Plaintiffs are widowed spouses of holders of HECMs insured by HUD. Bennett II, 4 F.Supp.3d at 7-8. Plaintiffs were neither listed on the deeds to their spouses' homes nor on the HECMs that their spouses had signed. Bennett I,

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797 F.Supp.2d at 73. Consistent with 24 C.F.R. § 206.27(c), the HECM loans became due and payable upon the death of the mortgagors, i.e., plaintiffs' spouses. Id. Facing foreclosure, plaintiffs brought suit, alleging that HUD's regulations violated federal law by failing to protect non-mortgagor spouses as required by 12 U.S.C. § 1715z-20(j).

In their motion for summary judgment, plaintiffs contended that 12 U.S.C. § 1715z-20(j) was " capable of a single meaning: namely, that HUD may only insure reverse mortgages that come due after the death of both the homeowner (the mortgagor) and the spouse of that homeowner regardless of whether that spouse is also a mortgagor." Bennett II, 4 F.Supp.3d at 9. Defendant responded that subsection (j) was " ambiguous because the statute can also be read to protect only those spouses who are co-obligors on a reverse mortgage." Id. at 9-10.

The Court found that defendant's interpretation of the statute " would render the second sentence of subsection (j) mere surplusage" because, if a spouse was a co-obligor on a reverse mortgage, " he or she would automatically be considered a 'homeowner' under the terms of the statute.'" Id. at 10. The Court pointed out that Congress used the phrase " each mortgagor" in another subsection of the same statute and could have used similar language in subsection (j) had it intended to convey the meaning suggested by defendant. Id. at 11.

The Court also noted that the statute's legislative history supported plaintiffs' interpretation. In particular, a report by the Committee on Banking, Housing and Urban Affairs stated that subsection (j) was " intended to 'defer[] any repayment obligation until death of the homeowner and the homeowner's spouse. . . ." Id. at 13 (alterations in original) (quoting S. Rep. No. 100-21, at 28 (1987)). Defendant's only response was to cite a Conference Report discussing HUD's discretion in implementing the HECM program, but defendant " fail[ed] to point to any language in the Conference Report that specifically address[ed] the question presented in [the] case." Id.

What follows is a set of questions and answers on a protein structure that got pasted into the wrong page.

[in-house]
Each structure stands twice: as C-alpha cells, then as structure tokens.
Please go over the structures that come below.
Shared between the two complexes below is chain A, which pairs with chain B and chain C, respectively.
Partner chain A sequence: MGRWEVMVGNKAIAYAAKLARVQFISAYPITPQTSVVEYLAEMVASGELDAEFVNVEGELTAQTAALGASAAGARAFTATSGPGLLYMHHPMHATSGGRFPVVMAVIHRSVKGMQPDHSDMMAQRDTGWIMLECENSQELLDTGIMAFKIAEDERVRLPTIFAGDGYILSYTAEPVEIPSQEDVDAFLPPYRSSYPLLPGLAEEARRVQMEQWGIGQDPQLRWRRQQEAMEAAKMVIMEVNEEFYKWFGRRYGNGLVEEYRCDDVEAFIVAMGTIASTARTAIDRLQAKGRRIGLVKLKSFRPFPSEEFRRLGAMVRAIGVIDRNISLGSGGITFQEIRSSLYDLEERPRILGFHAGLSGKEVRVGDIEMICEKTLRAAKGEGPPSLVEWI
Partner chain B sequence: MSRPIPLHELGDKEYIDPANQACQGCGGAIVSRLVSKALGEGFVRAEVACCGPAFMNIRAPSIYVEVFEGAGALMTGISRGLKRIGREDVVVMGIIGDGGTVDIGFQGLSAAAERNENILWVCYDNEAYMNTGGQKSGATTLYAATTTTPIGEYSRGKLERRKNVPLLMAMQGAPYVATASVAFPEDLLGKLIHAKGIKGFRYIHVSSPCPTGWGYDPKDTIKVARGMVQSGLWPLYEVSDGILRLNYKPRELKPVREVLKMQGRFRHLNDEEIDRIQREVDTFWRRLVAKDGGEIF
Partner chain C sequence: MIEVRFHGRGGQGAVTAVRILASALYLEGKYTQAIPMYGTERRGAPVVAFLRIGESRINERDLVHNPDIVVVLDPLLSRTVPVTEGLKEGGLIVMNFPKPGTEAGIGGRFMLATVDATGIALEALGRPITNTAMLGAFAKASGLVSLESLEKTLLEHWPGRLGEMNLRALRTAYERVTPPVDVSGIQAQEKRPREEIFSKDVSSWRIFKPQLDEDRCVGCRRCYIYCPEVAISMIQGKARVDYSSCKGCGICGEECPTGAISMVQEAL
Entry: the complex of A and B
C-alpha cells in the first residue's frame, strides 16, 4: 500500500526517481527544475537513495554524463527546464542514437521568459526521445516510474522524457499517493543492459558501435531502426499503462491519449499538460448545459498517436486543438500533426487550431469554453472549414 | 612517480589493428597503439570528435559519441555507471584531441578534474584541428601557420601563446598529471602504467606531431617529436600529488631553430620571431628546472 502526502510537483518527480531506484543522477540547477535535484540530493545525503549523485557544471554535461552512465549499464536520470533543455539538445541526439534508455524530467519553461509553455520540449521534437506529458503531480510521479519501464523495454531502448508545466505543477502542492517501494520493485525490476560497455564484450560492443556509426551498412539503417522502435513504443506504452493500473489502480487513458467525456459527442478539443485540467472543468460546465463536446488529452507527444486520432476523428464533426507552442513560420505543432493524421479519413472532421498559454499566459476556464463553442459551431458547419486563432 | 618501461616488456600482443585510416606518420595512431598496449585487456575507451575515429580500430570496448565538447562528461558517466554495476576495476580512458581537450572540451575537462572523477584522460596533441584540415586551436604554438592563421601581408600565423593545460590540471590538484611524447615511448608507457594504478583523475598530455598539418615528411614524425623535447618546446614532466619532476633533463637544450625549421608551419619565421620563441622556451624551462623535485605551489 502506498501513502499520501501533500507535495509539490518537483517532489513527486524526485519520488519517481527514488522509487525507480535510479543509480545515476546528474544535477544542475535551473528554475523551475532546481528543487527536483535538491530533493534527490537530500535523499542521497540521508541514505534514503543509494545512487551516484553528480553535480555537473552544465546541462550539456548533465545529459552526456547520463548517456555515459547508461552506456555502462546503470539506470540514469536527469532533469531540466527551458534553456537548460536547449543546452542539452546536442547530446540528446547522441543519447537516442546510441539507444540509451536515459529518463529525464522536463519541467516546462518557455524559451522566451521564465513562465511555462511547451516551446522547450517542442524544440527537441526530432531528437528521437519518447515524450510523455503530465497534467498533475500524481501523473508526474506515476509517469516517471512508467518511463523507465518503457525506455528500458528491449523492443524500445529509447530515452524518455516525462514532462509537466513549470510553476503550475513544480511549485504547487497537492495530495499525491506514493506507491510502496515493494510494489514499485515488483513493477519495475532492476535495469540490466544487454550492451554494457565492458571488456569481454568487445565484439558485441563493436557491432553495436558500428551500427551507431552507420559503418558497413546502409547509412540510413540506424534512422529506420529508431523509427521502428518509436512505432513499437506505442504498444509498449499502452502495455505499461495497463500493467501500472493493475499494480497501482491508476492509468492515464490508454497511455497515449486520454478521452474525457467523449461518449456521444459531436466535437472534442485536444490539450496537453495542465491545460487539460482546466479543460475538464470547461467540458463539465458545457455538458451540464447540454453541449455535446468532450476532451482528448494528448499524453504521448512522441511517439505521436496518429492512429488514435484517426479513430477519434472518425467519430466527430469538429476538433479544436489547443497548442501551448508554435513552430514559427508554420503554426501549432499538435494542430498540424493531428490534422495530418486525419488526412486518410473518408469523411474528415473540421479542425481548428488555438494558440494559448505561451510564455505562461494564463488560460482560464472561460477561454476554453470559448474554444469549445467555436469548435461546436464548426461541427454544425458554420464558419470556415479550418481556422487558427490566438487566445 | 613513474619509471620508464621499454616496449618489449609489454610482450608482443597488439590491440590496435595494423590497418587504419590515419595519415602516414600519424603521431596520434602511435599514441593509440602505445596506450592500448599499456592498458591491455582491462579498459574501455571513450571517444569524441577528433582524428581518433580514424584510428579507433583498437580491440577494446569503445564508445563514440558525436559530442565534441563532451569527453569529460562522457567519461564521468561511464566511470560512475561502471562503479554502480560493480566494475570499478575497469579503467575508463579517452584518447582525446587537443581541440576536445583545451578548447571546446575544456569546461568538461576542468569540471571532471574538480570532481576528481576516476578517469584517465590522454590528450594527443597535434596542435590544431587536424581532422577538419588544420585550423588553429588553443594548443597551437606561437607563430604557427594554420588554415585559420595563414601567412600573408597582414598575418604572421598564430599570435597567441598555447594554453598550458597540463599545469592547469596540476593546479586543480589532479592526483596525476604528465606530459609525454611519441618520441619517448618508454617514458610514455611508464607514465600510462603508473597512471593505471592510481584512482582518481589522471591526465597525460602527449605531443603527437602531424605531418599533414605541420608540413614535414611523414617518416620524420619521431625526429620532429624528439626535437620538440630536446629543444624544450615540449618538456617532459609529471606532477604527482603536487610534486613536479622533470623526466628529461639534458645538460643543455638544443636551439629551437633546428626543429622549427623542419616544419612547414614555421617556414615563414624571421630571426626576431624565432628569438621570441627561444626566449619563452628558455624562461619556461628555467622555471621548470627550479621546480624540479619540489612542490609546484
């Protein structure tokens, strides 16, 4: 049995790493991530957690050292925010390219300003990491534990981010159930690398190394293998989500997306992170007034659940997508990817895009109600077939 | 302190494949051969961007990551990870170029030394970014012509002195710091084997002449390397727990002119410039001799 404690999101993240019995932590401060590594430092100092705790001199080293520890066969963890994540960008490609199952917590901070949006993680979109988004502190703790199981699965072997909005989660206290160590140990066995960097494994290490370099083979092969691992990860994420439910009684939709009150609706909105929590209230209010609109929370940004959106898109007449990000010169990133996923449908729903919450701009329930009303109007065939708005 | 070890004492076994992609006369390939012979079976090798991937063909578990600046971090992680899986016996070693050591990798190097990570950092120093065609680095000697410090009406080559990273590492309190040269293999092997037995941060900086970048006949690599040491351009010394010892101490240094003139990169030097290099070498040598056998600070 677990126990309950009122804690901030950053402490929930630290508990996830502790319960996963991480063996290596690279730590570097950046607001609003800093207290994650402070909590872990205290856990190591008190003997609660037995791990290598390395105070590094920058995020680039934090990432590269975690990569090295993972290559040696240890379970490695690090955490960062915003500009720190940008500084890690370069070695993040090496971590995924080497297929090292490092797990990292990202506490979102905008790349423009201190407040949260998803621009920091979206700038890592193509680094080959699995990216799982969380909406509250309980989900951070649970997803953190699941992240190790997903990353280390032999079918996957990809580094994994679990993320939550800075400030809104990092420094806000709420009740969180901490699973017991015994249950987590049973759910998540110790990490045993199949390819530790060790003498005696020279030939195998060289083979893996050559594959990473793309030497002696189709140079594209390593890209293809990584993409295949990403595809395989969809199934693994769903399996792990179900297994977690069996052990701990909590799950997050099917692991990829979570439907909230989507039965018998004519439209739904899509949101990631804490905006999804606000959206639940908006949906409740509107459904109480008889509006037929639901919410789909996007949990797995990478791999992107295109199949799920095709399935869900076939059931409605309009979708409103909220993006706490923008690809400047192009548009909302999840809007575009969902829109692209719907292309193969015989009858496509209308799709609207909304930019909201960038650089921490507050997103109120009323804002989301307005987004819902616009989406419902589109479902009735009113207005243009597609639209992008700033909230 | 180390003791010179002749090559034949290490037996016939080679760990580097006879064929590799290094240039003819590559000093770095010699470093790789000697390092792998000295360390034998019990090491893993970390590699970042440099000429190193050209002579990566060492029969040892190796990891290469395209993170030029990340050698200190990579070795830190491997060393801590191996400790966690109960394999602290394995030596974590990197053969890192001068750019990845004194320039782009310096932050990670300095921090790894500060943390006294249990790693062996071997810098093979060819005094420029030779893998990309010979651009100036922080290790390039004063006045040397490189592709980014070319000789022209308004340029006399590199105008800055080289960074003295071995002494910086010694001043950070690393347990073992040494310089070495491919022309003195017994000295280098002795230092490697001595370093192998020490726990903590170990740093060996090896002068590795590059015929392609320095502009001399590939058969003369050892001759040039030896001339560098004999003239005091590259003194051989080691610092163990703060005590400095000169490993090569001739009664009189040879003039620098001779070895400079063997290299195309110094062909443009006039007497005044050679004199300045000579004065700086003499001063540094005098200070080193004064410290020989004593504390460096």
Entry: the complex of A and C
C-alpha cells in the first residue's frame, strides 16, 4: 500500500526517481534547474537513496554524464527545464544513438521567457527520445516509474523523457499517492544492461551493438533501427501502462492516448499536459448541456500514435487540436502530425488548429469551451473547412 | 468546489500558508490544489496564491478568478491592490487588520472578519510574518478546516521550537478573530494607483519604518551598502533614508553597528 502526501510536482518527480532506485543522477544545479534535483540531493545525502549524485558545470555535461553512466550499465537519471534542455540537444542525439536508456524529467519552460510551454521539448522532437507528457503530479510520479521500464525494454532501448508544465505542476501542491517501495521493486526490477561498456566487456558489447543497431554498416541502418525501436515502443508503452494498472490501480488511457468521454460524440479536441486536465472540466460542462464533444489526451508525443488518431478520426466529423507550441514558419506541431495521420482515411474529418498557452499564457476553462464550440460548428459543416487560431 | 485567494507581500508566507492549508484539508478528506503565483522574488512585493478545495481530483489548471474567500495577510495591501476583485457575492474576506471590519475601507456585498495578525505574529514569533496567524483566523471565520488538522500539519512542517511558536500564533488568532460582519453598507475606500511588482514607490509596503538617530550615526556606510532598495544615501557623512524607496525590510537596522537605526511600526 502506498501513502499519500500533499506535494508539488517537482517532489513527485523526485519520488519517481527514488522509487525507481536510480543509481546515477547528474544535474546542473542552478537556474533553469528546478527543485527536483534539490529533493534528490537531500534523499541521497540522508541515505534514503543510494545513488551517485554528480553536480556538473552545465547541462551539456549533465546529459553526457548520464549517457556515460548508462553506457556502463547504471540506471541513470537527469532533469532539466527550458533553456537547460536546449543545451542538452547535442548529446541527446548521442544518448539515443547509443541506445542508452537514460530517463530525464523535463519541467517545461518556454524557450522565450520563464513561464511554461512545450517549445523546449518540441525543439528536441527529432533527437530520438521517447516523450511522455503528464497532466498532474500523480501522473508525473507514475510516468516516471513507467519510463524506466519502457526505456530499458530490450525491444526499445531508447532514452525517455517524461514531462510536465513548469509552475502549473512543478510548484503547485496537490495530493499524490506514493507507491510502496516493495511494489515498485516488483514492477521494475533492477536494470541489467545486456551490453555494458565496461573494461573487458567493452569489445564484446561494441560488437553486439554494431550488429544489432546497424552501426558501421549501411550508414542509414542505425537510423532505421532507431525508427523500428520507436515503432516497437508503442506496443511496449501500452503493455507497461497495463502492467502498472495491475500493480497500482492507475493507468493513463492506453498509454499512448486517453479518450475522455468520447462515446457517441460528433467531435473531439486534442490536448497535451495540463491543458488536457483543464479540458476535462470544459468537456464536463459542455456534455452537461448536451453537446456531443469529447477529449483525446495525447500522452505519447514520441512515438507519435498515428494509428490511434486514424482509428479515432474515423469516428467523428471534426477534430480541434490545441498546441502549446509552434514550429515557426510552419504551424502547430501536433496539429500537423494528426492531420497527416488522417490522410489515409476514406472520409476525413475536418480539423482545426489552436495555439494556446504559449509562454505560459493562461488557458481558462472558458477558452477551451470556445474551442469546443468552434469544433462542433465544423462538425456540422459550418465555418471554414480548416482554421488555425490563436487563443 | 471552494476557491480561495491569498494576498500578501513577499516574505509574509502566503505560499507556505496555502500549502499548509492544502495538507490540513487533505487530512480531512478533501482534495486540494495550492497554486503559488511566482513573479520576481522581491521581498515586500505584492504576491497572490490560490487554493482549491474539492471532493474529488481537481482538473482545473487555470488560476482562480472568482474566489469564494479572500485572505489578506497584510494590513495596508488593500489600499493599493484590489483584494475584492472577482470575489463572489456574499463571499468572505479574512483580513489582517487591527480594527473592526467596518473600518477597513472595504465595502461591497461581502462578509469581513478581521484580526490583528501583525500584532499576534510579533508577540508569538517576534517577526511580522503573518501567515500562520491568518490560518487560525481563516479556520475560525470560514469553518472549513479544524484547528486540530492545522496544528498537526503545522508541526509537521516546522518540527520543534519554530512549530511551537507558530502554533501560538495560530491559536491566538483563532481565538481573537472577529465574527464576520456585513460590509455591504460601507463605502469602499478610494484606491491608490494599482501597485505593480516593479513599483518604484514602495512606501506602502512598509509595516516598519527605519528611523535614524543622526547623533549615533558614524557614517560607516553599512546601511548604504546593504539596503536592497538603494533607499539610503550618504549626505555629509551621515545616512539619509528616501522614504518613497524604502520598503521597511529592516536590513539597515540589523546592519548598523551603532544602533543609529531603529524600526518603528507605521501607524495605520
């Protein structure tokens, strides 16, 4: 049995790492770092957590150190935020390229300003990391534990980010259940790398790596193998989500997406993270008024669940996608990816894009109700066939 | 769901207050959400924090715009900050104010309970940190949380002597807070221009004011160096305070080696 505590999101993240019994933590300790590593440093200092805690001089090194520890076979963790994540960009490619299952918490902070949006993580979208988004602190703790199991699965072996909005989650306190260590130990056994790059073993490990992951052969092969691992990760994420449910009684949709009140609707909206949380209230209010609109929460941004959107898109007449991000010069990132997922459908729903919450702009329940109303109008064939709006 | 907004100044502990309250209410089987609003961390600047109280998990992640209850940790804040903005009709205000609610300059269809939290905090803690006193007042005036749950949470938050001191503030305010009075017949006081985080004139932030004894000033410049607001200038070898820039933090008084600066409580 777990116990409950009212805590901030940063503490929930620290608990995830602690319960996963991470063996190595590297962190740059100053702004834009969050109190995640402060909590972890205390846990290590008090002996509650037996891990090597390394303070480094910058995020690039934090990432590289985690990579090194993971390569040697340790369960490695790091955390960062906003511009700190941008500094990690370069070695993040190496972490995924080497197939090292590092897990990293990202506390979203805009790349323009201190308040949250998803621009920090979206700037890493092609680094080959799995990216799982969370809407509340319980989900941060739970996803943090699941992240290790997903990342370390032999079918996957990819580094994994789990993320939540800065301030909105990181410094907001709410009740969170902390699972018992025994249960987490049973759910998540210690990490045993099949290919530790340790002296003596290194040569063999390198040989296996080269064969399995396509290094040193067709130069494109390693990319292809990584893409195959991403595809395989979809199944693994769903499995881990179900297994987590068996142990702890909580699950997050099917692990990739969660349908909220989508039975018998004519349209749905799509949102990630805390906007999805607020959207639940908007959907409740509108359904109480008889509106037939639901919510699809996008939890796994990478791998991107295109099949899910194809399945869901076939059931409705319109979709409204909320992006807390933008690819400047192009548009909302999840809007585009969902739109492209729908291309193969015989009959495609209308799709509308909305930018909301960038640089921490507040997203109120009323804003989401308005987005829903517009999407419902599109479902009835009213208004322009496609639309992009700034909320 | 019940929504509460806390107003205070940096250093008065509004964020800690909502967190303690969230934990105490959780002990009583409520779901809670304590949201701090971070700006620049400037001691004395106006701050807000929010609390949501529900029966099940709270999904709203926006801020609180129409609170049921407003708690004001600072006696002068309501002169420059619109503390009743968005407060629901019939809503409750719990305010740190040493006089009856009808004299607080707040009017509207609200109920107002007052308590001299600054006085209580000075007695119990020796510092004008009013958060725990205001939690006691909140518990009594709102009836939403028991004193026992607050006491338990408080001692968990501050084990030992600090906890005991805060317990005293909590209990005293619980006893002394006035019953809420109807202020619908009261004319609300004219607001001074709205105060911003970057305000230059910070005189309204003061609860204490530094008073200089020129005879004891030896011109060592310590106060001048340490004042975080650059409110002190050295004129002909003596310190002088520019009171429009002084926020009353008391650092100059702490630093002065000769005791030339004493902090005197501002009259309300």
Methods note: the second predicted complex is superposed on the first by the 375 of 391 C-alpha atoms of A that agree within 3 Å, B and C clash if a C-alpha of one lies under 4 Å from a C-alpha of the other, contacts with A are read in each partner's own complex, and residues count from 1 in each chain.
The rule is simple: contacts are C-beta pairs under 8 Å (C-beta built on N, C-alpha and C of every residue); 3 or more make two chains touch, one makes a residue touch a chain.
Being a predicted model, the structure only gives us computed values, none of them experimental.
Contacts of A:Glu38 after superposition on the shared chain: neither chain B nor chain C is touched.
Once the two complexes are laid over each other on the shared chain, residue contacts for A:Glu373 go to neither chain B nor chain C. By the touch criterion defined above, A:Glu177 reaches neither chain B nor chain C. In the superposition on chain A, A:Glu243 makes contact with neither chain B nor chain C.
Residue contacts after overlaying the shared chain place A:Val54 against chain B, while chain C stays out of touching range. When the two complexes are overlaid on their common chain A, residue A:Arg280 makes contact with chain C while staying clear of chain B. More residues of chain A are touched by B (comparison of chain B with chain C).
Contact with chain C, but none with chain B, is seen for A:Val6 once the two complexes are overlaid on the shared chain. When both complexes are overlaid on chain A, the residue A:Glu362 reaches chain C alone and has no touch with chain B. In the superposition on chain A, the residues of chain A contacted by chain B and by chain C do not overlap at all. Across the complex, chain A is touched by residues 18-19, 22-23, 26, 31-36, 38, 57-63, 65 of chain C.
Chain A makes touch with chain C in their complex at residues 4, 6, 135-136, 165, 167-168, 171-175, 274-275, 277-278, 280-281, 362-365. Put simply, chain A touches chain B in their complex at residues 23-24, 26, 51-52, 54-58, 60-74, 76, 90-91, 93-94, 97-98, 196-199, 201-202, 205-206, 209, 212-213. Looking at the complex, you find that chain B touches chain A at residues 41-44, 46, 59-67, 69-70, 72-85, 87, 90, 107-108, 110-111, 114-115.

The only other pertinent argument put forward by defendant was that HUD could, under the " other events" clause of subsection (j), " make the death of all borrowers a triggering event." Id. at 14 (quoting Def.'s Combined Mem. in Supp. of his Mot. for Summ. J. and Opp. to Pls.' Mot. for Summ J. [ECF No. 33] (" Def.'s MSJ" ) at 20.) This Court found that argument " without merit" since it would " render another statutorily-specified triggering event ('the homeowner's death') meaningless." Id.

The Court granted summary judgment to plaintiffs, concluding that 12 U.S.C. § 1715z-20(j)'s meaning was unambiguous under Chevron step one. See id. at 12 (" [The statute] means what it says: the loan obligation is deferred until the homeowner's and the spouse's death." ). The Court held that " HUD's regulation as applied to plaintiffs is invalid." Id. at 14. Following the guidance provided by the Court of Appeals, this Court remanded to the agency " so that it [could] fashion appropriate relief." Id. at 15.

Plaintiffs now argue that, pursuant to the EAJA, they are entitled to $293,932.40 in attorney's fees, costs, and expenses. (Pls.' Mot. at 1.) The EAJA provides, in relevant part, that " a court shall award to a prevailing party . . . fees and other expenses . . . incurred by that party in any civil action . . . , including proceedings for judicial review of agency action, brought by or against the United States . . . , unless the court finds that the position of the United States was substantially justified or that special circumstances make an award

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unjust." 28 U.S.C. § 2412(d)(1)(A). Plaintiffs contend that they are prevailing parties and that the government's position was not substantially justified. Defendant disagrees, and, in the alternative, it challenges the amount of plaintiffs' requested award. The Court will address these issues in turn.



The D.C. Circuit has articulated a three-part test for determining whether a party has prevailed for purposes of fee-shifting statutes: " (1) there must be a 'court-ordered change in the legal relationship' of the parties; (2) the judgment must be in favor of the party seeking the fees; and (3) the judicial pronouncement must be accompanied by judicial relief." District of Columbia v. Straus, 590 F.3d 898, 901, 389 U.S.App.D.C. 58 (D.C. Cir. 2010) (quoting Thomas v. NSF, 330 F.3d 486, 492-93, 356 U.S.App.D.C. 222 (D.C. Cir. 2003)). A " mere 'judicial pronouncement,' . . . unaccompanied by ' judicial relief,' is not sufficient to make a claimant a 'prevailing party.'" Thomas, 330 F.3d at 494 (quoting Buckhannon Bd. & Care Home, Inc. v. W.Va. Dep't of Health & Human Res., 532 U.S. 598, 606, 121 S.Ct. 1835, 149 L.Ed.2d 855 (2001)).